Here’s the example I sometimes use: Imagine a taxpayer who earns $50,000 and pays $10,000 in tax.

With that information, we know the taxpayer’s average tax rate is 20 percent. But this information tells us nothing about incentives to earn more income because we don’t know the marginal tax rate that would apply if the taxpayer was more productive and earned another $5,000.

Consider these three simple scenarios with wildly different marginal tax rates.

  1. The tax system imposes a $10,000 annual charge on all taxpayers (sometimes referred to as a “head tax”). Under this system, our taxpayer turns over the first $10,000 of his or her income to the IRS, which means the average tax rate on $50,000 of income is 20 percent. But the marginal tax rate would be zero on the additional $5,000 of income. In this system, the tax system does not discourage additional economic activity.
  2. The tax system imposes a flat rate of 20 percent on every dollar of income. Under this system, our taxpayer pays that tax on every dollar of income, which means the average tax rate on $50,000 of income is 20 percent. And the marginal tax rate would also be 20 percent on the additional $5,000 of income. In this system, the tax system imposes a modest penalty on additional economic activity.
  3. The tax system has a $40,000 personal exemption and then a 100 percent tax rate on all income about that level. Under this system, our taxpayer pays $10,000 of tax on $50,000 of income, which means an average tax rate of 20 percent. But the marginal tax rate on another $5,000 of income would be 100 percent. In this system, the tax system would destroy incentives for any additional economic activity.

These examples are very simplified, of course, but they accurately show how systems with identical average tax rates can have very different marginal tax rates. And from an economic perspective, it’s the marginal tax rate that matters.

Remember, economic growth only occurs if people decide to increase the quantity and/or quality of labor and capital they provide to the economy. And those decisions obviously are influenced by marginal tax rates rather than average tax rates.

This is why President Obama’s class-warfare tax policies are so destructive. This is why America’s punitive corporate tax system is so anti-competitive, even if the average tax rate on companies is sometimes relatively low.

And this is why economists seem fixated on lowering top tax rates. It’s not that we lose any sleep about the average tax rate of successful people. We just don’t want to discourage highly productive investors, entrepreneurs, and small business owners from doing additional things that result in more growth and prosperity for the rest of us.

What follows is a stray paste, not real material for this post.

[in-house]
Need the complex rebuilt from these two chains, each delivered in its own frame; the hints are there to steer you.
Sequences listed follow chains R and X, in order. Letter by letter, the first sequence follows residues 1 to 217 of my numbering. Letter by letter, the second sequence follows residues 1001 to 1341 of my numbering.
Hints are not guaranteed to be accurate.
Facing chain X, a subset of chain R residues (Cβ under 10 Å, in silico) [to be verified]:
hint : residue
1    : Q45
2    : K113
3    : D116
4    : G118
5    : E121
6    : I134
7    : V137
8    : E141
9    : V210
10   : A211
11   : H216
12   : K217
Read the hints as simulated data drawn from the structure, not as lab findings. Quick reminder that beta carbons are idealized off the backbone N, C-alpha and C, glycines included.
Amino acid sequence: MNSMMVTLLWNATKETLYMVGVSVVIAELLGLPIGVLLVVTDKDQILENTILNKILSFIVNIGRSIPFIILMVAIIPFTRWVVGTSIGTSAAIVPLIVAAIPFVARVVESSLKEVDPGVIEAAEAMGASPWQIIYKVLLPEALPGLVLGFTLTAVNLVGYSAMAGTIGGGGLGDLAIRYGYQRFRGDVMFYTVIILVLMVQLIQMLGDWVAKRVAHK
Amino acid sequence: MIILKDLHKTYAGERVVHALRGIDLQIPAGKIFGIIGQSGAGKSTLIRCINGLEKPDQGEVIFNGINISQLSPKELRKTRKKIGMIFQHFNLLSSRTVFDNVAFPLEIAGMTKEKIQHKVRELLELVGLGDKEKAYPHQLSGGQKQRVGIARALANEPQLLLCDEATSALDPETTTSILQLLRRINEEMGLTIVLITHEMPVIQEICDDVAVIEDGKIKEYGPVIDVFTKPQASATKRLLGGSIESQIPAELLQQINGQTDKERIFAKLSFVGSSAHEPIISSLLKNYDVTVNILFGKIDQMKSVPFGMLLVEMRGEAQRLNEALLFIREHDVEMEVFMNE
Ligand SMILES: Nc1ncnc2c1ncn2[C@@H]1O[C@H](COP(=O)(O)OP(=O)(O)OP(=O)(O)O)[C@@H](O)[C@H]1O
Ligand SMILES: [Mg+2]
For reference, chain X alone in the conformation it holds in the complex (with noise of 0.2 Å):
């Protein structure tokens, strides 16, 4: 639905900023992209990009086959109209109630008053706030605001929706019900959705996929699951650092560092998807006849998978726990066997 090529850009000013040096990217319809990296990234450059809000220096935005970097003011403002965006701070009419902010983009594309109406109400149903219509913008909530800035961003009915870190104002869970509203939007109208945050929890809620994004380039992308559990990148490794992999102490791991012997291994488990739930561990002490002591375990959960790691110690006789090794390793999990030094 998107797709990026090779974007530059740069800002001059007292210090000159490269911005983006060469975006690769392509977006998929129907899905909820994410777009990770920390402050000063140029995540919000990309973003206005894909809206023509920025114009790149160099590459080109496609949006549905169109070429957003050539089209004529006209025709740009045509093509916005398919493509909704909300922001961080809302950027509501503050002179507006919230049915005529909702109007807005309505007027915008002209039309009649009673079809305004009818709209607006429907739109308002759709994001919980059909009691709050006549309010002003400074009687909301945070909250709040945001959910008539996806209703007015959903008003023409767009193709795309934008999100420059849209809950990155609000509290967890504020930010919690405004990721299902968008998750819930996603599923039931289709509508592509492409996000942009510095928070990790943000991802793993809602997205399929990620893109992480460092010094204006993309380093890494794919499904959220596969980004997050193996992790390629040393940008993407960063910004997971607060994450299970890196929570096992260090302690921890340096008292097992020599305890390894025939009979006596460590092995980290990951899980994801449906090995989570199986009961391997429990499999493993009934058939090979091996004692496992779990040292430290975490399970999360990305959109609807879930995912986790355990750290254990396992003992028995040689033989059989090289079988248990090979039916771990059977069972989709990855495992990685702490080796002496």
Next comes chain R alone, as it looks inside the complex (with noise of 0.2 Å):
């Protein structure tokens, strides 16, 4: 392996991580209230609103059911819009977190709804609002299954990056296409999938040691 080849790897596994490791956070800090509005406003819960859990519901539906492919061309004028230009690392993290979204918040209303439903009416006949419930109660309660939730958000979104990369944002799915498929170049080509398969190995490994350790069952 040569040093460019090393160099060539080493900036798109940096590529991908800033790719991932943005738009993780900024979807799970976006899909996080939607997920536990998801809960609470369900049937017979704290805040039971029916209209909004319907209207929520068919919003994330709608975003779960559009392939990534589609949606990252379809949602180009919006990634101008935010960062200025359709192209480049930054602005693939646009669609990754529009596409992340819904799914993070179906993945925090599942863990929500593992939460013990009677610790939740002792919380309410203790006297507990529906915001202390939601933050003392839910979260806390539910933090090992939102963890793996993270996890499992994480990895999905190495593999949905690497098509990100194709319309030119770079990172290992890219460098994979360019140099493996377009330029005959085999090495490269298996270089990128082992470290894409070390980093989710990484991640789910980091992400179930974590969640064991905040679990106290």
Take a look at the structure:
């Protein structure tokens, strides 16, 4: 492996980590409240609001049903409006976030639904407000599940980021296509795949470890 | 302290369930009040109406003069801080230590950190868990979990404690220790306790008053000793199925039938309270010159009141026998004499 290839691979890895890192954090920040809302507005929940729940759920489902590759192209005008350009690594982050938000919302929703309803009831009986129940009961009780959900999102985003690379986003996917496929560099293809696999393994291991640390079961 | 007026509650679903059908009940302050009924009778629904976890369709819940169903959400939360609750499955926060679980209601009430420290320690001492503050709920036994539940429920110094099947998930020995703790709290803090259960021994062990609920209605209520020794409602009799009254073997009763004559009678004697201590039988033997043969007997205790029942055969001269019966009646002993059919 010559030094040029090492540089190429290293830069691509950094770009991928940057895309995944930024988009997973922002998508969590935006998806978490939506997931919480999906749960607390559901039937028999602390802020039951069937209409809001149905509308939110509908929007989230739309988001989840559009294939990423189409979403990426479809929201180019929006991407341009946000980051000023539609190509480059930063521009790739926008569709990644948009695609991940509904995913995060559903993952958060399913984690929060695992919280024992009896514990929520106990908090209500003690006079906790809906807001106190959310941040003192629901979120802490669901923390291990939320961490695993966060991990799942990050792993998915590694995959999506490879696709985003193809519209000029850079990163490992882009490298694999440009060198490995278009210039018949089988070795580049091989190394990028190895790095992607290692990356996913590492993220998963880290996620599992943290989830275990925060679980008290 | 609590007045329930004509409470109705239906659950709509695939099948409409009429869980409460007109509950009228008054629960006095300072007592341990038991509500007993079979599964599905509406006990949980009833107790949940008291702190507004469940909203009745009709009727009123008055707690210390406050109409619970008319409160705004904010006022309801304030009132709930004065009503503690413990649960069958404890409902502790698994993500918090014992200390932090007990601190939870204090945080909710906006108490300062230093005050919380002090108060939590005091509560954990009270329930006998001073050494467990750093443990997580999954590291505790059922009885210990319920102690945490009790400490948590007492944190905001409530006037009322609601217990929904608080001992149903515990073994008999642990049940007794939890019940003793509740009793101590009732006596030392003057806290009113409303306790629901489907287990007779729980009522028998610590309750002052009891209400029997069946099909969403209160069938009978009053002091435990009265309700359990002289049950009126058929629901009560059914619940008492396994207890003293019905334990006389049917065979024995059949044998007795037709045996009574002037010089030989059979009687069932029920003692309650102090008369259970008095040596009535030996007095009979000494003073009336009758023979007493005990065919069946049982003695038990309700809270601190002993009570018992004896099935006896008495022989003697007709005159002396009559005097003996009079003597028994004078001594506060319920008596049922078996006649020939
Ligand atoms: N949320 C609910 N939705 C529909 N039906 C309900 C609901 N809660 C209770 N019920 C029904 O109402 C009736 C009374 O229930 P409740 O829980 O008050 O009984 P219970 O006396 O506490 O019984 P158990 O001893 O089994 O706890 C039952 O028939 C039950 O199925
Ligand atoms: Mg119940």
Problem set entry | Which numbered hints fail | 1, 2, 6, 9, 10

We’d rather have the benign tax system of Hong Kong instead of the punitive tax system of France. Now let’s look at the real-world (though very unusual) example of Cam Newton.

Writing for Forbes, a Certified Public Accountant explains why the quarterback for the Carolina Panthers lost twice at the Super Bowl.

Remember when Peyton Manning paid New Jersey nearly $47,000 in taxes two years ago on his Super Bowl earnings of $46,000? …Newton is looking at a tax bill more than twice as much, which will swallow up his entire Super Bowl paycheck, win or lose, thanks to California’s tops-in-the-nation tax rate of 13.3%.

You may be wondering why California is pillaging Cam Newton since he plays for a team from North Carolina, but there is a legitimate “nexus” for tax since the Super Bowl was played in California.

But it’s the marginal impact of the tax that matters. More specifically, the tax-addicted California politicians impose taxes on out-of-state athletes based on how many days they spend in the Golden State.

Before we get into the numbers, let’s do a quick review of the jock tax rules… States tax a player based on their calendar-year income. They apply a duty day calculation which takes the ratio of duty days within the state over total duty days for the year.

Now let’s look at the tax implication for Cam Newton.

If the Panthers win the Super Bowl, Newton will earn another $102,000 in playoff bonuses, but if they lose he will only net another $51,000. The Panthers will have about 206 total duty days during 2016, including the playoffs, preseason, regular season and organized team activities (OTAs), which Newton must attend or lose $500,000. Seven of those duty days will be in California for the Super Bowl… To determine what Newton will pay California on his Super Bowl winnings alone, …looking at the seven days Newton will spend in California this week for Super Bowl 50, he will pay the state $101,600 on $102,000 of income should the Panthers be victorious or $101,360 on $51,000 should they lose.

So what was Cam’s marginal tax rate for playing yesterday?

Losing means his effective tax rate will be a whopping 198.8%. Oh yeah, he will also pay the IRS 40.5% on his earnings.

In other words, Cam Newton will pay a Barack Obama-style flat tax. The rules are very simple. The government simply takes all your money.